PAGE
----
In which I review “Why Does the World Exist: An Existential Detective Story” using upgoer5

This is the book I’m talking about. And this explains the words I’m using (and not using). Why am I doing this? Because this is my writing place!

Why is the world here? Why is there something instead of nothing? We’ve talked about this before. In this book, a man goes around talking to men (they are all men) who have thought a lot about this question. They all have different ideas.

Some people believe that God made everything. But then who made God? Where did God come from? Is God just “there”? Where is “there”? And why is God the way He is and not some other way?

Some people think that something just pops out of nothing. But if this is possible, why is it possible? Why is the way things are exactly this way and not some other way?

Some people believe there are many, many worlds — many “everythings” — and each one may have a different way that things are. Maybe everything that could be, is. But why? Why isn’t there just nothing, which is the most simple way for things to be?

Some people think this has something to do with us, and the way we can think. Maybe there is something instead of nothing just so we can be here. Some other people think this idea is really stupid.

The man writes about what these people look like and where they live. He eats with many of them and he talks about what they eat. Most of them know each other; none of them agree with each other.

In the book, he also talks about his dog dying and then his mother dying. This makes him sad and it made me sad, but I’m not sure what this has to do with why there is something instead of nothing.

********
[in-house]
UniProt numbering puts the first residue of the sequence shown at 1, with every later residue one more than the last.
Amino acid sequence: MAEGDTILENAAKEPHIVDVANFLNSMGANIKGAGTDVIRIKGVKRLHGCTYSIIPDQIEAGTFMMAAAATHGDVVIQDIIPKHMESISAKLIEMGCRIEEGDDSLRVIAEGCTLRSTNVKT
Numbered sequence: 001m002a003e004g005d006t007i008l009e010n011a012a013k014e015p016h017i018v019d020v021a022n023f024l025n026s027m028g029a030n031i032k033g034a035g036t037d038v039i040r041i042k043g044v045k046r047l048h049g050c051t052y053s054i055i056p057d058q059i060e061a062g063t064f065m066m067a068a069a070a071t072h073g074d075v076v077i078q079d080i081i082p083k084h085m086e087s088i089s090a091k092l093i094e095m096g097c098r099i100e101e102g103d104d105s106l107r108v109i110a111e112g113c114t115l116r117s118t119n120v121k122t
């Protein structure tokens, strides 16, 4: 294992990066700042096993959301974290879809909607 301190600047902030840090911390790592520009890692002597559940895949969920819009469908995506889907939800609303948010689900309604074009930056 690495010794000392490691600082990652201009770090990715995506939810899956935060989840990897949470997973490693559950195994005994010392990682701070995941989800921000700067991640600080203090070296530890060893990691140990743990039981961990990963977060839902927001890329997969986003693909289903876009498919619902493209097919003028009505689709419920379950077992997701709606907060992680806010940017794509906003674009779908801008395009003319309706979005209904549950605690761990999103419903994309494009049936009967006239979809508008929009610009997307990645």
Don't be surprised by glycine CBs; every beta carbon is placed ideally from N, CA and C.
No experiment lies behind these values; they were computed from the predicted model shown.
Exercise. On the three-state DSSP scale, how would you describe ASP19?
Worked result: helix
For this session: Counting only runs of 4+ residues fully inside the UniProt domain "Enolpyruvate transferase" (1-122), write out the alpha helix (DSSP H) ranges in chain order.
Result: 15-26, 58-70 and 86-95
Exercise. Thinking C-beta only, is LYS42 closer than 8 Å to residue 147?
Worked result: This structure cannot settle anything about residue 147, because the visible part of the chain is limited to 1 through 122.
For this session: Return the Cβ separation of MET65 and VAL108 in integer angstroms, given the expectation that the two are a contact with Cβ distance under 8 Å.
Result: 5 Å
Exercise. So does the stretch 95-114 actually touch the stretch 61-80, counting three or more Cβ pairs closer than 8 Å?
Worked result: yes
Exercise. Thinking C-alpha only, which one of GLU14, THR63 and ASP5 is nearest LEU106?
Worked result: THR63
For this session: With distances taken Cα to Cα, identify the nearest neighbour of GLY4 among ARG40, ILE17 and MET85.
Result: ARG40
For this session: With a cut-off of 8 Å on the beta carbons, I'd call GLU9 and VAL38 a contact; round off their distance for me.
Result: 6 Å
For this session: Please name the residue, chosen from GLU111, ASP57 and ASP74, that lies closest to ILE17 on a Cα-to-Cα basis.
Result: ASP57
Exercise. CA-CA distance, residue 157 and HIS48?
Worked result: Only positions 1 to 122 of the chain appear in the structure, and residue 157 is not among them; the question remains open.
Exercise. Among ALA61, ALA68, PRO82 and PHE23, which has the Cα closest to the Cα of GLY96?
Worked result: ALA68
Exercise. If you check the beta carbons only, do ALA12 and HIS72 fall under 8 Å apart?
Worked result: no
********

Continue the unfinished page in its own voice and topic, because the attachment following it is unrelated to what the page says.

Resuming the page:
In the end, I don’t think he knows the answer to this question. And we don’t, either. Probably we will never know. Should that make us sad?

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7 thoughts on “In which I review “Why Does the World Exist: An Existential Detective Story” using upgoer5

  1. Amazon reviewers seem to like the book a lot. But two of them said that Holt talked about his dog dying, not his cat. I wonder, is this an example of multiple universes?

    I also note that the book is half again more expensive in the Nook edition than it is in the Kindle edition. (Hardly fair to those of us who would prefer to use our BN gift card balances.)

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  2. I write this from an admittedly biased perspective, but it is a biased perspective I believe is poetic, beautiful, and true.

    There is a verse in the Bible that says, “If for this life only we have hoped, we are a people most to be pitied.”

    As modern thinkers (both within and beyond Christianity) replace the true God with Reason, Science, Experience, Sex, Politics, or Nothing-at-All, these alternative gods have very little to offer and we do wind up with nothing much to live for.

    Thanks for the thoughtful post.

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  3. Pingback: The best books I read in 2013 | richard bowker

  4. Pingback: Randall Munroe goes all Up Goer 5 on us | Richard Bowker

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